a note from Bob...
If you belong to a book club or fraternal/service organization that has speakers in, or if you know someone who is, please give my name to whomever schedules programs. I'm very interested in such opportunities to talk about writing in general --and Bearskin in particular-- and would appreciate anything you can do to get me invited to one. I can do programs about other things as well. For instance, I've got a pretty good presentation about the Rowan County Feud that leads into a discussion of keeping local history alive.
I owe a whole lot of thanks to people who apparently bought copies of Bearskin
to Holly Fork as Christmas presents. You all gave me a wonderful present by doing so and supporting the idea writers who are published by small presses are worth paying attention to.
Some stuff that's coming up:
January 6th (a Tuesday) - I'll be interviewed on WKYT television in Lexington, during their noon news program. I'm interested in getting some VHS tapes of this, so if you might be able to do one of those, please email me.
February 10th (another Tuesday) - I've been invited to speak to some classes, maybe do a reading and I don't know what all at Mountain State University, in Beckley WV. Soon as I know more about this I'll post a note.
April 6th (yet another Tuesday) - I'm doing a reading for the Morehead Women's Club.
April 15th (a Thursday) - This is tax day, and my sister's birthday, and it's also the first time Julie will read some of her work in public. It's part of the reading series sponsored by MSU's English Department, and starts at 7:30, at the Kentucky Folk Art Center here in Morehead.
Apr 16th-17th (Friday/Saturday) - The Southern Kentucky Book Fest is at Western Kentucky University, in Bowling Green. The high point of the Book Fest --for writers anyway-- is the presentation of the "Kentucky Literary Awards," for which Bearskin to Holly Fork has been nominated. There'll be a slew of authors present, and lots of other things going on, all of which can be checked out here.
April 30th-May 1st (Friday/Saturday) - I went to the first Ohio River Festival of Books in Huntington WV a couple years ago, before I had a book to sign. It is a wonderful event, small enough to feel "intimate," large enough to attract lots of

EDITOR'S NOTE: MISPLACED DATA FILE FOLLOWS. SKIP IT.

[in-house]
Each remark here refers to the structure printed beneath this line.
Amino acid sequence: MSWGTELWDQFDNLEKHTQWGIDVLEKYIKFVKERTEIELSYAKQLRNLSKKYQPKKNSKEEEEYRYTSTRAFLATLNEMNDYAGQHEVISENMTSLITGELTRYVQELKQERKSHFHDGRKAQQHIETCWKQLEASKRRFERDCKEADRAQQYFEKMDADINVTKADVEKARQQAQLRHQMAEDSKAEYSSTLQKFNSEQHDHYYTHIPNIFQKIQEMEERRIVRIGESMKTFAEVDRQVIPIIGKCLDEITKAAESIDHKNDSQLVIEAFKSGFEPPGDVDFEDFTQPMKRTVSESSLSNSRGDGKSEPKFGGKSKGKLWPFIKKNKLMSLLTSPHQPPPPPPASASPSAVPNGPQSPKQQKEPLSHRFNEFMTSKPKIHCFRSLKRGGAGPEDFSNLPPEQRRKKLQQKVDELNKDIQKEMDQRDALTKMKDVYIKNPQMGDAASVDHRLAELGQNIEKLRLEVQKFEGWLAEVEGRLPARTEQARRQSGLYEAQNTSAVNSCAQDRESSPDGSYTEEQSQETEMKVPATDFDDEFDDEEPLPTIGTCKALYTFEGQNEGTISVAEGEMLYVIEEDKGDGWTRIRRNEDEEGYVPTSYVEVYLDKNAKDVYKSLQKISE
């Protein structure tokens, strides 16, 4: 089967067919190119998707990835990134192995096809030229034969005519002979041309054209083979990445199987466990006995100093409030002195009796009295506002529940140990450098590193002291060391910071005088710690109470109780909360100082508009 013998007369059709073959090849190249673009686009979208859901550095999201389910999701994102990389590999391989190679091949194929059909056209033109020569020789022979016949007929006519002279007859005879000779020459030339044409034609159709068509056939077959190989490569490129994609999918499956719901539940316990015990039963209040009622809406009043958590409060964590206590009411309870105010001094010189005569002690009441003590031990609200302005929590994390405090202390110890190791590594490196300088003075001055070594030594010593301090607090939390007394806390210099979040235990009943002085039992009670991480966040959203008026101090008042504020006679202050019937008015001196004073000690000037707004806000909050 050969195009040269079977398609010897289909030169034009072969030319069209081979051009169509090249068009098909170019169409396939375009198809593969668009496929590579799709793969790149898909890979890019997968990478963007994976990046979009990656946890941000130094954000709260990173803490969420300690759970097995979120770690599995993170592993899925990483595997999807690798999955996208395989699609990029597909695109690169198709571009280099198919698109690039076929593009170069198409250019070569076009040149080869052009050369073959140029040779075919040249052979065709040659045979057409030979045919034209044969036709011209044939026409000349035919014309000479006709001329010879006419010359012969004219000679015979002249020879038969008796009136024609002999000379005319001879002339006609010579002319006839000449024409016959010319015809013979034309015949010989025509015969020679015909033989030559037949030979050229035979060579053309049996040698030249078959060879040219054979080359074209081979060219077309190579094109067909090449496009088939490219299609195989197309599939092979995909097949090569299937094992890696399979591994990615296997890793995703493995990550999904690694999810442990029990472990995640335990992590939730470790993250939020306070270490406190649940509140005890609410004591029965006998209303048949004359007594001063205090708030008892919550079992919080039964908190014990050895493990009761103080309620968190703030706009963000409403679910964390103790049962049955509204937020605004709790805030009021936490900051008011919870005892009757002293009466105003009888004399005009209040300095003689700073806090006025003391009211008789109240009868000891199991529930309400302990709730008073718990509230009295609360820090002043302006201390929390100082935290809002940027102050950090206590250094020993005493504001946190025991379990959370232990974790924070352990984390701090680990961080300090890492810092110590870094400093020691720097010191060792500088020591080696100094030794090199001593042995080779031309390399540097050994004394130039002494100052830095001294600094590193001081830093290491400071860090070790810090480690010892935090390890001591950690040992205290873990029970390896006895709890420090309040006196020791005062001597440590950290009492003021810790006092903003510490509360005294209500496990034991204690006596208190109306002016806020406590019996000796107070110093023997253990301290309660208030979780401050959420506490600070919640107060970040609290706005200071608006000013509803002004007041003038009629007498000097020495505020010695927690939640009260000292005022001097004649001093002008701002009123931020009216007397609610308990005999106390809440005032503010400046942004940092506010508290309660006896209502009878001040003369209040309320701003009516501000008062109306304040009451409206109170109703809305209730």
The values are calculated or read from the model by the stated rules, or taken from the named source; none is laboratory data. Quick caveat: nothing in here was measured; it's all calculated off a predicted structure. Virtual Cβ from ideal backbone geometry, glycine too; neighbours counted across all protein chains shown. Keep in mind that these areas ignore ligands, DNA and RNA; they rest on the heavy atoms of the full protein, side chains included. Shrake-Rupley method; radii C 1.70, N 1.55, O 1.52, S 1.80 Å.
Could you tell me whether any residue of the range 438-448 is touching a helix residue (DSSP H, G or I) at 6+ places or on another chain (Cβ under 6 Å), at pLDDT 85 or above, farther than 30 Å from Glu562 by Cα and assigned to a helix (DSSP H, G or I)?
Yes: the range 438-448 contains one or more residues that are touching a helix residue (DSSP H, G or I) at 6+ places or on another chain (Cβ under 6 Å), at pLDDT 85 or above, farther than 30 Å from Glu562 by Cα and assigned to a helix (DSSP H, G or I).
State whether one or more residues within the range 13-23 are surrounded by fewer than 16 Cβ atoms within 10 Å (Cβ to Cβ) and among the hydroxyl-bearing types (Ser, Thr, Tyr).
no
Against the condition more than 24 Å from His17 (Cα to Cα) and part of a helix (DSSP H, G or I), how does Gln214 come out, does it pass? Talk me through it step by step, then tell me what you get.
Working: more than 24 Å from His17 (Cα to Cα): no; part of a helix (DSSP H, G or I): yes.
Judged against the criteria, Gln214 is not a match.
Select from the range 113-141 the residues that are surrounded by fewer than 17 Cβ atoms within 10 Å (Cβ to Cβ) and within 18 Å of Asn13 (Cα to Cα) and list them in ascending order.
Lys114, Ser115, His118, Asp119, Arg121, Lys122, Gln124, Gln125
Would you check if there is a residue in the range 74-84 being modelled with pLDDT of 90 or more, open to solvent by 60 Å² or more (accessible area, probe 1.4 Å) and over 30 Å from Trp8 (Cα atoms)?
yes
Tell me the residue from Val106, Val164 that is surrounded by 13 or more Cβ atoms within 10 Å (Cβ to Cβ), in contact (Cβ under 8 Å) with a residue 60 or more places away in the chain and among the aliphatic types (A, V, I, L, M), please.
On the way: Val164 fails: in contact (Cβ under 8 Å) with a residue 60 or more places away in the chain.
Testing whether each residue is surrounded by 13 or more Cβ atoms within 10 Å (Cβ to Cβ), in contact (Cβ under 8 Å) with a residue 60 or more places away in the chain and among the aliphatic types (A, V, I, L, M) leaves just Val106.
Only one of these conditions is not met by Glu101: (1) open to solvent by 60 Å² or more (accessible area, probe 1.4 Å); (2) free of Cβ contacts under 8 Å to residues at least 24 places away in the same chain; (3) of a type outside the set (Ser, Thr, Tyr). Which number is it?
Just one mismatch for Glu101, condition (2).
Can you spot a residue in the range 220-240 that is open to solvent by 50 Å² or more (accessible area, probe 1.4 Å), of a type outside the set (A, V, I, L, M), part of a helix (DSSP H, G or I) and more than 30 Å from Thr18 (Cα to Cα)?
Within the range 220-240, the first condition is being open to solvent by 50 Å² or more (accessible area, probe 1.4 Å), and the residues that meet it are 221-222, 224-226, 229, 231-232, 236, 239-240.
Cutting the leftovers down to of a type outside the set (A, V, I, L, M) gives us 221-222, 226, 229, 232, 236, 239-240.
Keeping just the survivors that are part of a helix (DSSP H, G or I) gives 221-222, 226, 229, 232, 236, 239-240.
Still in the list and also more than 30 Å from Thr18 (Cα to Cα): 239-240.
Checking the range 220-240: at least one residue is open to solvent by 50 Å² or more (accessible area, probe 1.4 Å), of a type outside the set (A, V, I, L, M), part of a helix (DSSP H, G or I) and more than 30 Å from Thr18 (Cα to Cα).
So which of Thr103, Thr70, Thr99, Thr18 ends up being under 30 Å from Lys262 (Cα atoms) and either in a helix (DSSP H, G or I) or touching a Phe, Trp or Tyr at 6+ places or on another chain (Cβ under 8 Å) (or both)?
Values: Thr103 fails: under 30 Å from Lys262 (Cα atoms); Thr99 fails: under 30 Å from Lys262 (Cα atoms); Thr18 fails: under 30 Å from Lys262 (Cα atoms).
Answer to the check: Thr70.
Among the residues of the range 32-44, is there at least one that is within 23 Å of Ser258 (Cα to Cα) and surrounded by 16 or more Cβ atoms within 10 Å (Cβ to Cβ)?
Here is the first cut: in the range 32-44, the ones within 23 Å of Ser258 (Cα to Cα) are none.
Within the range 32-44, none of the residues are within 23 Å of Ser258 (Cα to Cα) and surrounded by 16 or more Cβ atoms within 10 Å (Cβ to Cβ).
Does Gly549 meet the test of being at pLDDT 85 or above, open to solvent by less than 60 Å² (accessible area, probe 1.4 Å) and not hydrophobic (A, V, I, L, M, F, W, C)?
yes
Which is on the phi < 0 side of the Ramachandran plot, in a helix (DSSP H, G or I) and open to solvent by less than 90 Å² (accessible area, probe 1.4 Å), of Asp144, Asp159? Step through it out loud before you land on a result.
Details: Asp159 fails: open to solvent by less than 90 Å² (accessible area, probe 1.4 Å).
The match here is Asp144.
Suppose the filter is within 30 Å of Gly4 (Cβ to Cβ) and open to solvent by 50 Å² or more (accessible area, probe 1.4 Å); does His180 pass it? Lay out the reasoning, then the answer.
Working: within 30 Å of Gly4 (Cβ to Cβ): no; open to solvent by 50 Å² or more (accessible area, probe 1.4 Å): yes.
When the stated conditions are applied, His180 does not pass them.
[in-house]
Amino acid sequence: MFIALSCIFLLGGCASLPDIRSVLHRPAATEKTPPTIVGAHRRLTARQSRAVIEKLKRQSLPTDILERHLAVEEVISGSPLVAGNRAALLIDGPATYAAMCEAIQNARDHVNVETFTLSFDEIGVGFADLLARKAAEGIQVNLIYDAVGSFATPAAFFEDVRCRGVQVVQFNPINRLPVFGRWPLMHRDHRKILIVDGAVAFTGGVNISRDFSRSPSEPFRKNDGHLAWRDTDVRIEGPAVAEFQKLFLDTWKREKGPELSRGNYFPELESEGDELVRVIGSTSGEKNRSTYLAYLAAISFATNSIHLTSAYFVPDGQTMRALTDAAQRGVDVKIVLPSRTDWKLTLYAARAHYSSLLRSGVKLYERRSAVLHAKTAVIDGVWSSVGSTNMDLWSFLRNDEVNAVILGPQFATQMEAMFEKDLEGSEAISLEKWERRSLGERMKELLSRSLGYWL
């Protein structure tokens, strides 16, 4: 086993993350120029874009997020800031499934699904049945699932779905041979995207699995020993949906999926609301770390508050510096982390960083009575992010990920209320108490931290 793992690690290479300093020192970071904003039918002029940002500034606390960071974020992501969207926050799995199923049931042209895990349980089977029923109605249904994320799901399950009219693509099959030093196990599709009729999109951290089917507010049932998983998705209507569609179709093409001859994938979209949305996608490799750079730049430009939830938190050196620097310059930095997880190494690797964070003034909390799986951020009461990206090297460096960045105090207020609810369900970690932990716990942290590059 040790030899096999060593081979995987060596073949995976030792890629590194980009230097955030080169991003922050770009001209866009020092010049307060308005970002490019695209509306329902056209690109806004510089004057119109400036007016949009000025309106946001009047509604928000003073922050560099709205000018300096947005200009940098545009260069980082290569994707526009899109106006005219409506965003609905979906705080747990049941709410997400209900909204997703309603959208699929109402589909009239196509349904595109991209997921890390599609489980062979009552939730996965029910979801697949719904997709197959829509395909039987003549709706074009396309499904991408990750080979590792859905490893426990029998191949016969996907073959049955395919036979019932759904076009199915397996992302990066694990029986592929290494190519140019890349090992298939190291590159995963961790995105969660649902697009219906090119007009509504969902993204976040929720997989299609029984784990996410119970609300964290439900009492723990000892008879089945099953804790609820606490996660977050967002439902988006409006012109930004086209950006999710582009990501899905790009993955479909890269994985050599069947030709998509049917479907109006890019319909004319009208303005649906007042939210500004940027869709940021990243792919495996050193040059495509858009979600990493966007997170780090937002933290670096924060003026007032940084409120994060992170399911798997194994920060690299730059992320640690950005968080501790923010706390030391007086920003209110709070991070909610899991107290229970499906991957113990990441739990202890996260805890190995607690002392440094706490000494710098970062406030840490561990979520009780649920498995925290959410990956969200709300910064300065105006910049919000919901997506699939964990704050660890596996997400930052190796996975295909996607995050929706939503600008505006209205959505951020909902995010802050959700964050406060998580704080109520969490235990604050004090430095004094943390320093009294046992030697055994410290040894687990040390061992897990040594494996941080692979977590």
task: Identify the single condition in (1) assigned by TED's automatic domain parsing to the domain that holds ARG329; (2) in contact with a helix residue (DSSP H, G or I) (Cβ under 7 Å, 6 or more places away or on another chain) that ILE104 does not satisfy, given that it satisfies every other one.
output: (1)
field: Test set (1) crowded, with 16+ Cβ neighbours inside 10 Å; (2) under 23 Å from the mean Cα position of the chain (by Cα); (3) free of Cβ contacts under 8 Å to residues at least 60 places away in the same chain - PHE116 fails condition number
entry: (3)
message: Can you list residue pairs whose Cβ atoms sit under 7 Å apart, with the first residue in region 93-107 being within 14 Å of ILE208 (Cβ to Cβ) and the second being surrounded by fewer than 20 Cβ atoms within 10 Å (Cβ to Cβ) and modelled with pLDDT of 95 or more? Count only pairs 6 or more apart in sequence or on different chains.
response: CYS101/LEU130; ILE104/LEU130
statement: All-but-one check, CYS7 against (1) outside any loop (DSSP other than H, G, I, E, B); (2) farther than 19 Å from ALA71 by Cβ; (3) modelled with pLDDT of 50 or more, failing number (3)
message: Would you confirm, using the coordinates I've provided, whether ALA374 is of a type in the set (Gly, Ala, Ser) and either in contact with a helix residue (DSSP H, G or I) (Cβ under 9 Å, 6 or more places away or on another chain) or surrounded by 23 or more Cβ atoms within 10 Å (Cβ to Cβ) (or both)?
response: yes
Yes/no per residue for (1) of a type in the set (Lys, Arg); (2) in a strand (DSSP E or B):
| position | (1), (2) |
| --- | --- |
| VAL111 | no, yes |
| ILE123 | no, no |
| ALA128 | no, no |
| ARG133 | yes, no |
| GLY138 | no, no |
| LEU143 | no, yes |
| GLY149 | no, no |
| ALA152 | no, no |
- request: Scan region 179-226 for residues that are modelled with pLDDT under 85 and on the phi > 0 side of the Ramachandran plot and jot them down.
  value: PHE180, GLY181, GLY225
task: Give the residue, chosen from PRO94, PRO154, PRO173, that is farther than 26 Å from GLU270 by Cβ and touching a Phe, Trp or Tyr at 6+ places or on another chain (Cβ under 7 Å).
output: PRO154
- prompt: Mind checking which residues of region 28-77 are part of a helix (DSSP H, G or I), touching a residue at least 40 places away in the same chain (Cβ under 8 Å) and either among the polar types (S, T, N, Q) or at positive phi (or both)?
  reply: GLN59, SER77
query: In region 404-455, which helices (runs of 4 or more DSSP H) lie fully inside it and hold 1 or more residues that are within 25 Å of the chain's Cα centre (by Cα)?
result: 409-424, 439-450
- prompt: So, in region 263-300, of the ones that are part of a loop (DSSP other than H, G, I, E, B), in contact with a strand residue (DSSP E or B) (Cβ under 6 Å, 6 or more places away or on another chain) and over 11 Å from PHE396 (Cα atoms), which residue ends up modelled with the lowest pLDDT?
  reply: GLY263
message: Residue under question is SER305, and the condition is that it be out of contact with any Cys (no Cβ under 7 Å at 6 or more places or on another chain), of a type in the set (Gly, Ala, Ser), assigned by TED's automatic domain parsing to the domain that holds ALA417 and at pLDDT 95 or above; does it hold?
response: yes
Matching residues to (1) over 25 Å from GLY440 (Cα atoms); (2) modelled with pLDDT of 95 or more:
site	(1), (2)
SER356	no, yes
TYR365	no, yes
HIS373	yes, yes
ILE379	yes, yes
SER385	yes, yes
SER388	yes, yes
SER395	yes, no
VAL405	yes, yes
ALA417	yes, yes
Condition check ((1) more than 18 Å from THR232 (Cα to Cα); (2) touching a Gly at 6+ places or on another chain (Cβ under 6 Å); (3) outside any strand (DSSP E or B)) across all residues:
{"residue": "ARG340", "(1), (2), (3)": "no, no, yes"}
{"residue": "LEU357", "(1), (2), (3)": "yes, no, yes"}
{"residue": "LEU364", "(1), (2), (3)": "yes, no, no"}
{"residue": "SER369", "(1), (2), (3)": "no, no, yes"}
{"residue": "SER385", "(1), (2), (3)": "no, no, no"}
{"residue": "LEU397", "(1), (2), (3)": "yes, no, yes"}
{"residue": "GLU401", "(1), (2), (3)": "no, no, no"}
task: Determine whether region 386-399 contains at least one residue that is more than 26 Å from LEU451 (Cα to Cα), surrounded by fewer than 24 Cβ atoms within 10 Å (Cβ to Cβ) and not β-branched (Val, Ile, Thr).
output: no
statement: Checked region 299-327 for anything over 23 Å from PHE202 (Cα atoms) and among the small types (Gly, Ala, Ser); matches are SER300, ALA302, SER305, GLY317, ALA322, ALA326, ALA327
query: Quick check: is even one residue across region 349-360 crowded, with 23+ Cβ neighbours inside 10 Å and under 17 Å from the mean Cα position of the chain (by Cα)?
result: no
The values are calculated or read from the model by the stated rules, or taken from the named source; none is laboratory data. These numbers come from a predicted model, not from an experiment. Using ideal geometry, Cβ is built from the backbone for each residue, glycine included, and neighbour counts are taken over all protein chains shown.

authors, well organized enough to have lots of readings, programs and workshops. This time I'll be doing a workshop for writers, and maybe a reading as well. Check out their website for more information.
Since I last sent one of these notes, I did a reading at the new Menifee County Public Library. It is amazing to see what some communities are doing with and for books: in the last little while I've been to four or five brand new libraries in eastern Kentucky. That speaks well for a part of the country where too many people assume the last thing we're interested in is books.
If you live in, or are passing through Frenchburg, take the time to go see the new building.
In November I did an interview with James Bickers, at WFPL radio (89.3 FM) in Louisville. The program is "On Second Thought," and they haven't run it yet --I'll let you all know when it's going to be aired-- but I was real impressed with the program. Some of the people doing radio are incredibly skilled at what they do. James Bickers is especially good at his job: this interview had been underway ten minutes before I realized we'd moved from just bee essing in the studio to doing the actual program. It was like sitting in a living room --a very small and crowded one-- with someone who's interested in anything you want to talk about.